06 May 2019
Monte Carlo study led by HKU physicist reveals the parent state of quantum phases
Numerical simulations provide the first concrete evidence of 2D (U1) deconfined matter, an exotic phase whose existence has been hotly pursued by both condensed-matter and high-energy physicists.
About the research
An international research team, led by Dr Zi Yang Meng, Associate Professor from the Department of Physics and the Institute of Physics, Chinese Academy of Sciences, comprised of Dr Xiao Yan Xu from Hong Kong University of Science and Technology, Dr Yang Qi from Fudan University, Dr Long Zhang from Kavil Institute of Theoretical Sciences, Chinese Academy of Sciences, Professor Cenke Xu from University of California, Santa Barbara and Professor Fakher Assaad from University of Wuerzburg, have made a substantial discovery in novel state of quantum matter via large-scale Monte Carlo simulations and field theoretical analysis. The research work is published in the latest issue of Physical Review X – the leading journal of American Physical Society – (link). Below is a brief description of their story:
An exotic two dimensional state of matter known as a U(1) Dirac spin liquid could help condensed-matter physicists explain perplexing observations of many high-temperature superconductors and frustrated magnets. High-energy physicists are also interested in these spin liquids as they might be a key to understand predictions from quantum electrodynamics of a “deconfined” state of matter, one where elementary particles split from a conventional description of particles or fields. And yet neither community knows whether this phase even exists. Here, the aforementioned team use computer simulations, performed on the two of world largest supercomputers Tianhe-1A and Tianhe-II in the National Supercomputer Centers in Tianjin and Guangzhou, China, to provide for the first time concrete evidence of its existence.
The emergence of a U(1) Dirac spin liquid (or “deconfined matter”, in the parlance of high-energy physics) depends on two ingredients: a (U1) gauge field and a spinon. A spinon is a “fractional” spin of a fermion, whereas the (U1) gauge field mediates interactions between spinons. It is thought that a spin liquid arises when spinons and their gauge field are put on a 2D square lattice. To explore this possibility, they designed a model by discretizing U(1) gauge fields into a space-time lattice that interacts with fermions, see Fig.1 for schematic description of the model and the U1 Dirac spin liquid state.
Fig.1. Schematic plot of the lattice model of fermion fields coupled with U1 gauge fields and the deconfined state in which the fermions (spinons) form the so-call Dirac cones (the blue cones with their linear dispersion) and coupled with the flucutations U1 gauge fields (the yellow waves). [Image by Leran Liu]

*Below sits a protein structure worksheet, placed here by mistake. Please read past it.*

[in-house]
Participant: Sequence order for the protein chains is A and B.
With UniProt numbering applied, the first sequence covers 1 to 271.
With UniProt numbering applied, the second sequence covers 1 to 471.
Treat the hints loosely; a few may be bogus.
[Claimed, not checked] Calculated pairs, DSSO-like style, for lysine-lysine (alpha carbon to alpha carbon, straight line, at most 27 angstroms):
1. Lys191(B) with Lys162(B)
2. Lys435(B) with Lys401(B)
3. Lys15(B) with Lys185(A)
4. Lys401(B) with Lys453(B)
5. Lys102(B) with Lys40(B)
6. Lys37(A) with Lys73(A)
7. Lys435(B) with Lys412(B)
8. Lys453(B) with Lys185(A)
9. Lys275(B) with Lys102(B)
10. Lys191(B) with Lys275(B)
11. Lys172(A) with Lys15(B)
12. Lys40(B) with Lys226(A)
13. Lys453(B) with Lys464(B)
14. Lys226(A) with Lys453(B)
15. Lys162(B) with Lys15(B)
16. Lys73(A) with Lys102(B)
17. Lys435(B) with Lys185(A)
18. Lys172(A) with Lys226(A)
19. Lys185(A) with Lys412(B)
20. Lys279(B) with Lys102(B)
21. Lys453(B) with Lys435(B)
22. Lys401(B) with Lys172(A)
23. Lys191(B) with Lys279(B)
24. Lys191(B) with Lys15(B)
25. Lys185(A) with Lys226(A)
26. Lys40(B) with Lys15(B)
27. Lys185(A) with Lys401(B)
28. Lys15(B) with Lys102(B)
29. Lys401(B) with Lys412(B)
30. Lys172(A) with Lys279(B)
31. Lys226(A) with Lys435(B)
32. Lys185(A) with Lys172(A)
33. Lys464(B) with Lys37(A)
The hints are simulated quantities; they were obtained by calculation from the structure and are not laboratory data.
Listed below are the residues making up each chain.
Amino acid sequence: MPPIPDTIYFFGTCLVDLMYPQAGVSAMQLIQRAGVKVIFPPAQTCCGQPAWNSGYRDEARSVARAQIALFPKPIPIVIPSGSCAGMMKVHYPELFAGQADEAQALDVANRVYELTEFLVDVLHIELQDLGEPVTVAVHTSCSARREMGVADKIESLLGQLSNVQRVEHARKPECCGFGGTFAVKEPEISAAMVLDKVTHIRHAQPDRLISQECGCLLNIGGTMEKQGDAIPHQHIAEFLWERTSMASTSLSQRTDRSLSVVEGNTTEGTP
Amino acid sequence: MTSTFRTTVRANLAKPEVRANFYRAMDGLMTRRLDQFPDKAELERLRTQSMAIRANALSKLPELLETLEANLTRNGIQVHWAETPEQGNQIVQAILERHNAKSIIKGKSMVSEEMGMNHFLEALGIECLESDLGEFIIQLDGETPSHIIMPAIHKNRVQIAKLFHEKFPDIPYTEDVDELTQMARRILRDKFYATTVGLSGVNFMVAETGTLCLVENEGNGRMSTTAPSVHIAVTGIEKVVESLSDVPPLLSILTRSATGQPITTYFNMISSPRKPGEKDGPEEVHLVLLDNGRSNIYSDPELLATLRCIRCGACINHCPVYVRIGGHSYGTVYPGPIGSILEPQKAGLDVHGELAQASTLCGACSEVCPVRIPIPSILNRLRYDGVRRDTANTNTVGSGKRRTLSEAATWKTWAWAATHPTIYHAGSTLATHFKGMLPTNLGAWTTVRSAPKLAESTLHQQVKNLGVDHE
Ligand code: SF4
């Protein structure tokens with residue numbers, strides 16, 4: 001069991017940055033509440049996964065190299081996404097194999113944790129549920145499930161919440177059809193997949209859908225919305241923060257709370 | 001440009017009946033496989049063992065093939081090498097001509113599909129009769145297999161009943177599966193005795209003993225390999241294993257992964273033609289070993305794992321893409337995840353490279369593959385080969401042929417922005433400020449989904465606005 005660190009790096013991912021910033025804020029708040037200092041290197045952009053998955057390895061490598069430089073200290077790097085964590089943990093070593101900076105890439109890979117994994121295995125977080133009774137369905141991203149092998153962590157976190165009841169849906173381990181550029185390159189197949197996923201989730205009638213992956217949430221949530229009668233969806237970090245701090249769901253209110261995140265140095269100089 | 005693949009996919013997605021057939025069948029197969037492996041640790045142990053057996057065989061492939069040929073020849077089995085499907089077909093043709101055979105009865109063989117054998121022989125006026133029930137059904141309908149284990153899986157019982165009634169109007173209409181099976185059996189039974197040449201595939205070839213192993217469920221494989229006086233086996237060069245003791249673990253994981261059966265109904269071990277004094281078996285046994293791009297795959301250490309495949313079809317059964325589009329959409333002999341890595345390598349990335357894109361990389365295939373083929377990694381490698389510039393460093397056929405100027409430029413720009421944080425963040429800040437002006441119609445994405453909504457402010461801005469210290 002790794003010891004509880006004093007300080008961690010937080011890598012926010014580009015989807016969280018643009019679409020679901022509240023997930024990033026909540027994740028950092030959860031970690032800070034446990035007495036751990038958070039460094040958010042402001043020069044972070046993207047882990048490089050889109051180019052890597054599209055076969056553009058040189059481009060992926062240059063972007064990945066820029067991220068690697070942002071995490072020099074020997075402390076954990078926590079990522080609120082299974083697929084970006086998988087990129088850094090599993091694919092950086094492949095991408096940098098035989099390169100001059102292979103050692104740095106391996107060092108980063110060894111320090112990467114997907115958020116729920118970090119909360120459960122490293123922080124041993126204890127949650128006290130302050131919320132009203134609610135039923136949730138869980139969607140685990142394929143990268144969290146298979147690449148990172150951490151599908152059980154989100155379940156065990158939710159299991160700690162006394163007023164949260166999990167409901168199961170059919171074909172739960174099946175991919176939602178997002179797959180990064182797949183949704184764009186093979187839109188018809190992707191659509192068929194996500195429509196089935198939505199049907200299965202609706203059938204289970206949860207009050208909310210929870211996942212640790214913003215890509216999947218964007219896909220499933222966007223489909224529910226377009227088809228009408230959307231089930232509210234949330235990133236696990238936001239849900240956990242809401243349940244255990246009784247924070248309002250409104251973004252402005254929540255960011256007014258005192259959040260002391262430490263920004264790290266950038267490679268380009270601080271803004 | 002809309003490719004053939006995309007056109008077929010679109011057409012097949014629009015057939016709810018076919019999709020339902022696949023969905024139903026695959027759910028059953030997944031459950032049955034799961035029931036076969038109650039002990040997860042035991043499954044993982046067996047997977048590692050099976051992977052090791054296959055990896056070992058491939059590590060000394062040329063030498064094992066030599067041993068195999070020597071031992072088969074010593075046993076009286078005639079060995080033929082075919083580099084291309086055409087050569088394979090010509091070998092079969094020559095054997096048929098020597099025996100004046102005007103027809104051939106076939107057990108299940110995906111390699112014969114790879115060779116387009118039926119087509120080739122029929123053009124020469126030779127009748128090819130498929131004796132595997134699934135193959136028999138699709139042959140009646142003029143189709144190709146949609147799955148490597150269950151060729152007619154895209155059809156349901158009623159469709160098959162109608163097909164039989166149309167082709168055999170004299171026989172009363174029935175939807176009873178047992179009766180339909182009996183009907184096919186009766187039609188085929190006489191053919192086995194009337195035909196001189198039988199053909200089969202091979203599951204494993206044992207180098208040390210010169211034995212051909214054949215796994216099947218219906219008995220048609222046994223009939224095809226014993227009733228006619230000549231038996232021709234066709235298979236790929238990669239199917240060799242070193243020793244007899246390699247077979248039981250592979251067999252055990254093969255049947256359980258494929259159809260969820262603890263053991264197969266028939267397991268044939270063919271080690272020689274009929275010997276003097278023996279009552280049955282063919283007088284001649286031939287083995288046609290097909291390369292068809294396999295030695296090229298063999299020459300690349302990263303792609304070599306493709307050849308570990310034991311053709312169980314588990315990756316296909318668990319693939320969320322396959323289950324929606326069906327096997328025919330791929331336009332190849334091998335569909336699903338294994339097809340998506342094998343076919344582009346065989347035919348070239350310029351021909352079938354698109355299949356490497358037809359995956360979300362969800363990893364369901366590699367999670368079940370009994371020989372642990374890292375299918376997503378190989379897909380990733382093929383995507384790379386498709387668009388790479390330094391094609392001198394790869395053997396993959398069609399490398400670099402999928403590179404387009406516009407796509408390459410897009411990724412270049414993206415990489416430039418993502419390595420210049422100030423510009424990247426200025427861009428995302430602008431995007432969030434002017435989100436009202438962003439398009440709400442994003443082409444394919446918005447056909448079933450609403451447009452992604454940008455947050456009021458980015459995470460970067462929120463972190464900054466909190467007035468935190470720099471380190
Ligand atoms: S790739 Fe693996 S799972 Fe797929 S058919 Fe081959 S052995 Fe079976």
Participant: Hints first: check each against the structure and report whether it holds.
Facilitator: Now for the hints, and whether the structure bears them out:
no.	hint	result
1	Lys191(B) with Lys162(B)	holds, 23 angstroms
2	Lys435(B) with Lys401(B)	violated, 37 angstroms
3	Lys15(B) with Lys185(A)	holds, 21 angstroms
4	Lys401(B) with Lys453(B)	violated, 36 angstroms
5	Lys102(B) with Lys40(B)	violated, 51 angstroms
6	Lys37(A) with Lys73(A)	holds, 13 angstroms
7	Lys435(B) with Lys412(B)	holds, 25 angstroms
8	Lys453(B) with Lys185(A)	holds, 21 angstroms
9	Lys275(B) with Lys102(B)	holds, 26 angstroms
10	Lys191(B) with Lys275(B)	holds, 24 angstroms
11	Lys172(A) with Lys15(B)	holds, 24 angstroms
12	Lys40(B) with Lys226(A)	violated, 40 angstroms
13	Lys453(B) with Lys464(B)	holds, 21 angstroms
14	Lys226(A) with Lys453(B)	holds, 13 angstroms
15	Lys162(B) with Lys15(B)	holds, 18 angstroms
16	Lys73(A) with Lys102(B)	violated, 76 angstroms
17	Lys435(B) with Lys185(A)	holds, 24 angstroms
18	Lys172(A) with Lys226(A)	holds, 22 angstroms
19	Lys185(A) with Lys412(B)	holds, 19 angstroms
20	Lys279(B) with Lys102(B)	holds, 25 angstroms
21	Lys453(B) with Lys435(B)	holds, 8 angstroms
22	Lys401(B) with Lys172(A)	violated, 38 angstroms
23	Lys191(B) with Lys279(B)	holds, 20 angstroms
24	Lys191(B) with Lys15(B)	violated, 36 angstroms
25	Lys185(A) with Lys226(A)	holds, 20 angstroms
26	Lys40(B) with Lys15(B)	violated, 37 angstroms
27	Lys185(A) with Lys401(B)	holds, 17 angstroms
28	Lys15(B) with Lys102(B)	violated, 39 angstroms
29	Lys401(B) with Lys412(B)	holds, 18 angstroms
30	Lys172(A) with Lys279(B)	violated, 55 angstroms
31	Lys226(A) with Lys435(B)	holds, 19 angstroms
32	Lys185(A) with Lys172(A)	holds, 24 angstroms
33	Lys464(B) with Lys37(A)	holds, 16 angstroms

Using state-of-the-art quantum Monte Carlo simulations, performed on two of the world largest supercomputers (Tianhe-1A and Tianhe-2 in the National Supercomputer Centers in Tianjin and Guangzhou, respectively), they simulated the model with various fermion species and found, in all cases, a smoking gun signature of 2D U(1) deconfined matter. By tuning coupling constants in the model, they also observed continuous transitions between deconfined and confined states. One particular fermion species (4) also exhibits a novel type of quantum critical point – the deconfined quantum critical point – which is also under intensive investigations from other areas in condensed matter and high-energy physics. It is believed that the richness of the phase diagram and firm existence of the U(1) deconfined state of matter will trigger a number of future investigations on the numerical and analytical fronts in the condensed-matter and high-energy communities.
The large-scale simulations are performed on the Tianhe-1A platform at the National Supercomputer Center in Tianjin and Tianhe-2 platform at the National Supercomputer Center in Guangzhou, the authors acknowledge the technical support and generous allocation of CPU time from these centers. The authors also thank the funding support from the HKRGC through HKUST3/CRF/13G and C6026-16W, the Ministry of Science and Technology of China through the National Key Research and Development Program (2016YFA0300502, 2018YFA0305802), the Strategic Priority Research Program of the Chinese Academy of Sciences (XDB28000000, XDPB08-4, XDB28040200), the National Science Foundation of China (11574359, 11674370) and the DFG research unit FOR1807.
Monte Carlo Study of Lattice Compact Quantum Electrodynamics with Fermionic Matter: The Parent State of Quantum Phases,
Xiao Yan Xu, Yang Qi, Long Zhang, Fakher F. Assaad, Cenke Xu, and Zi Yang Meng, Phys. Rev. X 9, 021022 (2019)
(link of the paper)
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